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Creating Animated Characters in After Effects
Illustration by John Hersey
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Designing joints


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Creating Animated Characters in After Effects

with George Maestri

Video: Designing joints

As you start layering your characters, you want to make sure that your joints have the proper overlap so that they animate well. Now, this is most important in the elbows, and the knees, but also the shoulders and hips can be important as well. But let's take a look at this character's elbows, and let's make sure that we have the right overlap so that this animates well. So I'm going to go ahead and zoom in a little bit here to his arm so that we can see it.
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  1. 1m 49s
    1. Welcome
      1m 17s
    2. Using the exercise files
      32s
  2. 27m 15s
    1. Creating characters in Illustrator
      5m 51s
    2. Creating characters in Photoshop
      7m 9s
    3. Designing joints
      3m 40s
    4. Drawing mouths
      2m 12s
    5. Drawing hands and eyelids
      2m 48s
    6. Importing Illustrator files into After Effects
      3m 26s
    7. Importing Photoshop files into After Effects
      2m 9s
  3. 7m 51s
    1. Drawing in After Effects
      3m 57s
    2. Copying paths from Illustrator
      2m 19s
    3. Animating shapes
      1m 35s
  4. 21m 9s
    1. Understanding how layer hierarchies work
      3m 58s
    2. Understanding the importance of the pivot point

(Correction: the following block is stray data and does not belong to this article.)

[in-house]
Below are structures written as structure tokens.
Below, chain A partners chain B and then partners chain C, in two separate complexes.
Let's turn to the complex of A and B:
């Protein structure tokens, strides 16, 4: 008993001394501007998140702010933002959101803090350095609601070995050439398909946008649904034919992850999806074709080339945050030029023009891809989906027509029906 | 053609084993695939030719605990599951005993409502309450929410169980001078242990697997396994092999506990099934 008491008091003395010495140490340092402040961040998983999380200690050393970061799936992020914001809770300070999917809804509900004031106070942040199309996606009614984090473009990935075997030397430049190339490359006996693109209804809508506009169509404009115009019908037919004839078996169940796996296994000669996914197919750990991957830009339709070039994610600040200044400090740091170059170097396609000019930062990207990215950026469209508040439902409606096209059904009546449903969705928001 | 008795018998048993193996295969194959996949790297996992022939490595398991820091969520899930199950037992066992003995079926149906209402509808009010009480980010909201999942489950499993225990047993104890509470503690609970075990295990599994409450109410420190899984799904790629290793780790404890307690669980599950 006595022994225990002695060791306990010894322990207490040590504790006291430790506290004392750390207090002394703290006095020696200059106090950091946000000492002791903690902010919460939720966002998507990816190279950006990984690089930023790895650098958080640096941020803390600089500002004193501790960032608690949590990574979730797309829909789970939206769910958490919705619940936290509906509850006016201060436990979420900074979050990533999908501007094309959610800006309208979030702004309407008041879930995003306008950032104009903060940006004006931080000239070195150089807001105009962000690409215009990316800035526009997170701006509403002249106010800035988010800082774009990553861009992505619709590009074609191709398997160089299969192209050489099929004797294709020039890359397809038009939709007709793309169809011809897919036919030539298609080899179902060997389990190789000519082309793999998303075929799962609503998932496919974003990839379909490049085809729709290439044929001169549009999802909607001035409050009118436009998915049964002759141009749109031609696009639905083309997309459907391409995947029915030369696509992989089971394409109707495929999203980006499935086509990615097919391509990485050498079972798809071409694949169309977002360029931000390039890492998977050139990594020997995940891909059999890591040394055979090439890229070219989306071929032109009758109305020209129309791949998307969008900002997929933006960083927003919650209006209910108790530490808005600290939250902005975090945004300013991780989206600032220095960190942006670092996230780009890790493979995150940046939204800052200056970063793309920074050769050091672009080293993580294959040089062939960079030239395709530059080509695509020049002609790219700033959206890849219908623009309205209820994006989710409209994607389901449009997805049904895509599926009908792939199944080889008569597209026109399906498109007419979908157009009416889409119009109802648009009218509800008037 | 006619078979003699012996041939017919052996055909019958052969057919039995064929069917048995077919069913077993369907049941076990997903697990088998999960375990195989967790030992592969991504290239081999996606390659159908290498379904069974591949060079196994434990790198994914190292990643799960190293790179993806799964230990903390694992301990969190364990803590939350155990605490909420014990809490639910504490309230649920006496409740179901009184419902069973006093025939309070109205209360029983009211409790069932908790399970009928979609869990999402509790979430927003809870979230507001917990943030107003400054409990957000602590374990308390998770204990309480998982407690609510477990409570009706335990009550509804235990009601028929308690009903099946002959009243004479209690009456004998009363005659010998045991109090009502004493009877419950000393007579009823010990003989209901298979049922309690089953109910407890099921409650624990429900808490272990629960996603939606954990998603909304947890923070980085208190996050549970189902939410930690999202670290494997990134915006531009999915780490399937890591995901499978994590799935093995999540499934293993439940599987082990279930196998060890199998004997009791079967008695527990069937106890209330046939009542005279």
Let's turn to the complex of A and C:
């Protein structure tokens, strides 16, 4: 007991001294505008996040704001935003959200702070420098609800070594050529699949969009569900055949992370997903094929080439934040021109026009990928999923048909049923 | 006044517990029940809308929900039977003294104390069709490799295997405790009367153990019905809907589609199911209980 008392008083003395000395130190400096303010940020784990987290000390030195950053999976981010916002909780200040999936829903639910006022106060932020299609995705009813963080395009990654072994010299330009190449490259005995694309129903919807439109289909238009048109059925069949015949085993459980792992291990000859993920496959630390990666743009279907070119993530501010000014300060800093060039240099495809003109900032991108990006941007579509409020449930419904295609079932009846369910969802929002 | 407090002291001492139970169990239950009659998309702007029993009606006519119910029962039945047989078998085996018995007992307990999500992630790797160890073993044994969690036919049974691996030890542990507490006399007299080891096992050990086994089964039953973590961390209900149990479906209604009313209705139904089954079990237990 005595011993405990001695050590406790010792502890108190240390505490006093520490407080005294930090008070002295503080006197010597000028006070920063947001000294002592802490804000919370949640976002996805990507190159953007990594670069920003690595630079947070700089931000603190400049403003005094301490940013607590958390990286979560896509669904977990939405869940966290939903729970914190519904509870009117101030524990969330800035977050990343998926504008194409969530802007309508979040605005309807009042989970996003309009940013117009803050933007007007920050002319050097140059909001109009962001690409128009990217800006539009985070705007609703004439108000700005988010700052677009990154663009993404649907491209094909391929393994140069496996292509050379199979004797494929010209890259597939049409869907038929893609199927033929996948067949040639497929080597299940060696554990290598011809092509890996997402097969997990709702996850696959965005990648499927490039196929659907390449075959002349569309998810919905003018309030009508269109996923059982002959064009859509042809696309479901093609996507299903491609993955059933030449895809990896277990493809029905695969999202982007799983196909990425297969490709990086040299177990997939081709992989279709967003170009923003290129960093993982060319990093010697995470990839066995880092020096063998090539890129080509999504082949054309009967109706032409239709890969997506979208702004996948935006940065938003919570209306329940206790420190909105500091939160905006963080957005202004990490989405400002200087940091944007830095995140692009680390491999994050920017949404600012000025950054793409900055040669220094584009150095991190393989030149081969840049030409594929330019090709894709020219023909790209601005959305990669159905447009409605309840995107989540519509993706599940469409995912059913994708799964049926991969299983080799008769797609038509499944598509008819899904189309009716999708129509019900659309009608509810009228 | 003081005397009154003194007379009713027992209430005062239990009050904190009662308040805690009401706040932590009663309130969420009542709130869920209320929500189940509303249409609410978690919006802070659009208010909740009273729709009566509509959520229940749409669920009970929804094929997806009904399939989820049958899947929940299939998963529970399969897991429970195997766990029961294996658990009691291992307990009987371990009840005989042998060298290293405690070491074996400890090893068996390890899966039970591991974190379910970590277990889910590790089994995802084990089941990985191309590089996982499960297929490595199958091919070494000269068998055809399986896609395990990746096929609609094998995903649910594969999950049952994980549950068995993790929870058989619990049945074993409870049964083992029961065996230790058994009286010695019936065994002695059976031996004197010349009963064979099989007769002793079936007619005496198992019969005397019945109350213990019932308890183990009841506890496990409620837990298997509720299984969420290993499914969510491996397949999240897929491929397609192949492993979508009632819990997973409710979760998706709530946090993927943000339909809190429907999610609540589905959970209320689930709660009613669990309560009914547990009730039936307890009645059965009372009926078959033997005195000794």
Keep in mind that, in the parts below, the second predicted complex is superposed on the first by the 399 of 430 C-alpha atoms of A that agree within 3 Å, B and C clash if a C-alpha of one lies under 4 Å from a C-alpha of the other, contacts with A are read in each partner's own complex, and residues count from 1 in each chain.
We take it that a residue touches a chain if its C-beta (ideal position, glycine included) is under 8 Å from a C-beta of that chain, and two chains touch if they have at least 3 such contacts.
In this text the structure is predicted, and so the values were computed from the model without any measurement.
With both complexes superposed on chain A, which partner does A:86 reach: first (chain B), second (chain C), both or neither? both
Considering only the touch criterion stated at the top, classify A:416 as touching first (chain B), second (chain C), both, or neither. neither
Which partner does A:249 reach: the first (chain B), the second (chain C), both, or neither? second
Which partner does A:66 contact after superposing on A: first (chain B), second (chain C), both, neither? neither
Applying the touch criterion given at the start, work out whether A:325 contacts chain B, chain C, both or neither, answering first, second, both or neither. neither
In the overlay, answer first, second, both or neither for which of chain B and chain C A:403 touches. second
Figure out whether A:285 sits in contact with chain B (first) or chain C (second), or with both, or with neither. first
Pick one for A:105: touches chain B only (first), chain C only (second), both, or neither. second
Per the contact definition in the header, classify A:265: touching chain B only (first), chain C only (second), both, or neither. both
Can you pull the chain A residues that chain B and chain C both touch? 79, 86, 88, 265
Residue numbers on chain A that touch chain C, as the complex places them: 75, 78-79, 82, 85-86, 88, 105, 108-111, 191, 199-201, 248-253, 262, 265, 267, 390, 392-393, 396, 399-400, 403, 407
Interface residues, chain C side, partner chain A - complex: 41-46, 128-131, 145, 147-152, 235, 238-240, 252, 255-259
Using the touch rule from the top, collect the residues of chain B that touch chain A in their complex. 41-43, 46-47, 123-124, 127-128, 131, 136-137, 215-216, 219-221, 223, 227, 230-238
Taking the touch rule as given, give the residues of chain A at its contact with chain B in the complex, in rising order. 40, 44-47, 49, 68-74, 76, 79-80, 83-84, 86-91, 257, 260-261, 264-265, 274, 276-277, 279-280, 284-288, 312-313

5m 42s
    3. Assembling the upper body
      4m 47s
    4. Creating leg hierarchies for efficient walks
      4m 27s
    5. Organizing scenes with null layers
      2m 15s
  5. 22m 26s
    1. Adding puppet pins to a character
      6m 51s
    2. Controlling mesh density
      2m 15s
    3. Creating overlap pins
      4m 43s
    4. Creating starch pins
      3m 1s
    5. Using the Puppet tool with hierarchies
      5m 36s
  6. 19m 7s
    1. Replacement animation using time remapping
      6m 47s
    2. Mouth replacement
      6m 6s
    3. Creating blinks
      6m 14s
  7. 27m 23s
    1. Creating a head turn: Head shape
      6m 45s
    2. Creating a head turn: Ears
      8m 7s
    3. Creating a head turn: Facial features
      6m 41s
    4. Creating a head turn: Hair shape
      5m 50s
  8. 1h 3m
    1. The basics of expressions: Controlling the wrist
      5m 20s
    2. Moving hands from front to back with expressions
      9m 2s
    3. Using expressions to control pupils
      7m 44s
    4. Creating a master control node with Expression Controls
      6m 30s
    5. Creating blinks that move with a head turn
      9m 28s
    6. Controlling blinks using opacity
      6m 34s
    7. Attaching mouth shapes to a slider
      3m 39s
    8. Creating mouths that move with a head turn
      8m 31s
    9. Working with absolute values
      6m 12s
  9. 14m 28s
    1. Setting up null objects as bones
      5m 39s
    2. Attaching puppet pins to bones
      4m 57s
    3. Strategies for parenting legs and feet
      3m 52s
  10. 28m 32s
    1. Setting up a scene for animation
      6m 3s
    2. Blocking out the shot
      11m 0s
    3. Animating dialogue
      5m 39s
    4. Animating blinks
      5m 50s
  11. 18s
    1. Goodbye
      18s

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Creating Animated Characters in After Effects
3h 53m Intermediate Sep 08, 2011

Viewers: in countries Watching now:

Learn to create and animate highly controllable characters using After Effects. In this course, author George Maestri covers every step on the way, from designing the characters in Photoshop or Illustrator, or drawing them straight from After Effects; assembling characters with hierarchies; making realistic deformations with the Puppet tool; automating rigs with expressions; creating realistic head turns; and showing advanced techniques such as using null objects as bones. Finally, the course shows how to perform a basic animation with the character and ensure the rig works correctly.